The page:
We can compare these temptations with the traditional good works of Lent, that is, fasting, prayer, and almsgiving. With fasting, we are able to curb the appetite for food, working against the first temptation. With prayer, we recognize our dependence on God, but without presumption, working against the second temptation. The relationship between almsgiving and the third temptation is perhaps less evident, but looking at almsgiving as a result of charity, which is the love of God, then we see that the thing which is most contrary to charity, and in this sense, to almsgiving, is precisely adoring the devil. In this way, from the temptations themselves we can understand the means to combat them, that is, with the works of prayer, fasting, and almsgiving.
And in conclusion, in today’s text we find another suggestion on how to live a fruitful Lent. Jesus responds to every temptation with a citation from Sacred Scripture. From this we can understand the importance that Sacred Scripture assumes in our personal conflict against temptation. We monks have Lectio Divina, and during Lent, we are called to dedicate ourselves even more fully to this practice. For other people, for example, for those who are not used to reading Sacred Scripture regularly, it would be a great idea to begin doing this during this season of Lent this year, maybe even reading for fifteen minutes a day, and thus find a way to help in the practice of virtue and in the struggle against temptation. At any rate, in all of our Lenten practices, let us ask for God’s help to persevere and bring them to completion.
Homily from a Benedictine monk in Norcia, Italy.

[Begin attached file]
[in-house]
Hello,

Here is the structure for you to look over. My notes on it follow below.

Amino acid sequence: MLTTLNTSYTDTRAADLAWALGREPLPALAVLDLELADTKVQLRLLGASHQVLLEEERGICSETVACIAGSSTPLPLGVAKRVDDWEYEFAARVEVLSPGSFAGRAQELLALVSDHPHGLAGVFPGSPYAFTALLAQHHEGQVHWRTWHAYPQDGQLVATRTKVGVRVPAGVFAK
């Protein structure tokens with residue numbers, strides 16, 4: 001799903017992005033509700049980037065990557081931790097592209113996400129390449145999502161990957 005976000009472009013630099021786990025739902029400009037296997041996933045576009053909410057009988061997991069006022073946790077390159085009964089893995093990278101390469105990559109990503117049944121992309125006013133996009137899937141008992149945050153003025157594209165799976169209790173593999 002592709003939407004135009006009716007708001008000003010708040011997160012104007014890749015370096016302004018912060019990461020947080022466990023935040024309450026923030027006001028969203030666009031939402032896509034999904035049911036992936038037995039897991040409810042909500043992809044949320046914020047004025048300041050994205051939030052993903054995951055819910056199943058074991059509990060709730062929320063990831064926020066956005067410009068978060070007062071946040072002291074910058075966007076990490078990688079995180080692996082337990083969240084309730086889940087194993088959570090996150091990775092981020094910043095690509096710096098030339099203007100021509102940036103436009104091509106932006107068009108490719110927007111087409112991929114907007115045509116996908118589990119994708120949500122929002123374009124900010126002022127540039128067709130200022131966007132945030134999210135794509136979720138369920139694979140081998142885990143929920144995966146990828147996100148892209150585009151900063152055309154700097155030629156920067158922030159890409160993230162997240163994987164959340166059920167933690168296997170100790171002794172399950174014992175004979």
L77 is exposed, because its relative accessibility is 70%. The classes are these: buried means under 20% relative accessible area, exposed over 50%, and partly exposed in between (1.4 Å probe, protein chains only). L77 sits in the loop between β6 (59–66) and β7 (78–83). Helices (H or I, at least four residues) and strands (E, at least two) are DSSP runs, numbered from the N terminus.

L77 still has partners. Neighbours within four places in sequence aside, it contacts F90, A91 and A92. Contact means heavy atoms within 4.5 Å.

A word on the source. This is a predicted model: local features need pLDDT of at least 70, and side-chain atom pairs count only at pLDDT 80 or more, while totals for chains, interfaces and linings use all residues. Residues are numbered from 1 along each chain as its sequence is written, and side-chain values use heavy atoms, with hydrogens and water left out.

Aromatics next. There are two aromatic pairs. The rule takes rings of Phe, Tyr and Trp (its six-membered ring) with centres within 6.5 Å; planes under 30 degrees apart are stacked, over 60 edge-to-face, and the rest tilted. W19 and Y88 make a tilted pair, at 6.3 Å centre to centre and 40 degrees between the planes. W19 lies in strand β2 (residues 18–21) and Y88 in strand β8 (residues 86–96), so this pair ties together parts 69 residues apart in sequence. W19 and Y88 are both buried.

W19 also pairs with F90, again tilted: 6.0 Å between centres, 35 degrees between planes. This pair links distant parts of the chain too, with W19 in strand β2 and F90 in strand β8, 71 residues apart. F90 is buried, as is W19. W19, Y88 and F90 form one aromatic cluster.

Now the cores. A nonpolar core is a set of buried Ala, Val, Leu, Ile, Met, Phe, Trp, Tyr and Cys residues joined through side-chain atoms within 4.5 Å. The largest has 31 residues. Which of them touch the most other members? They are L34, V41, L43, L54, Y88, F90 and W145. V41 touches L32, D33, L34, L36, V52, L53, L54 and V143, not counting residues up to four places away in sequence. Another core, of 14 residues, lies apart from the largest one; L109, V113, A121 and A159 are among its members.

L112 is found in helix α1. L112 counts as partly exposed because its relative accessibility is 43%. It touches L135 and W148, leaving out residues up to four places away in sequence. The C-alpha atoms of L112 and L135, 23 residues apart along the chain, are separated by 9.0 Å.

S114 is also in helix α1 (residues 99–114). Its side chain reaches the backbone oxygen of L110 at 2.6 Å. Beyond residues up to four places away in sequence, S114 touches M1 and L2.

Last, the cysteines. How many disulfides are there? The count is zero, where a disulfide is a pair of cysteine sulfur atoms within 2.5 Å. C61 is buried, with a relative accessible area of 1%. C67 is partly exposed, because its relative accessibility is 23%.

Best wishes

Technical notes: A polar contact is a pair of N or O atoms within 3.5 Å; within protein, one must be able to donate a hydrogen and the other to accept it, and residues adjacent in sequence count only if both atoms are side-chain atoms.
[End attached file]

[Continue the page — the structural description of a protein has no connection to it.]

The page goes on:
Every night, before going to sleep, the monks read a passage from St. Peter: be sober and watch: because your adversary the devil, as a roaring lion, goes about seeking whom he may devour: whom resist ye, strong in faith (1 Pet 5:8-9) and every morning during the year, the monks read a passage from St. Paul, Be watchful, stand firm in your faith, be courageous, be strong (1 Cor 16:13). The monk, then, is called to a continual vigilance. In fact, the ancient monks tried to follow this principle to the point of never even sleeping. As an older monk once said: “It’s enough for a true monk to sleep only one hour.”
Even if this extreme vigilance seems out of our reach, the monastic tradition has always placed it as a fundamental attitude. And all of us can understand this from the ordinary experience of everyday life. In being vigilant, it prepares us for something that might (or will) happen. For example, if someone must take a difficult math exam, he has many books to study. But this student is also married with two children and works as a bartender to earn extra money on the side. Before studying for the exam, he’ll need to create some space. He will ask for four weeks off from work, and he’ll need to find a room in his house where the children won’t be able to disturb him. And, once all of this preparation is completed, then he’ll be able to start studying.
These experiences help us to understand today’s liturgy, called Septuagesima. When we came into Church, and saw the violet vestments, maybe some of you thought that there was a funeral or maybe you thought of Lent. Septuagesima, Sexagesima, and Quinquagesima form, not only the traditional time for the carnival, but a small period of preparation for Lent. As we all know, Lent is the time for preparation for Easter. These three Sundays of Septuagesima, then, become a preparation for the preparation.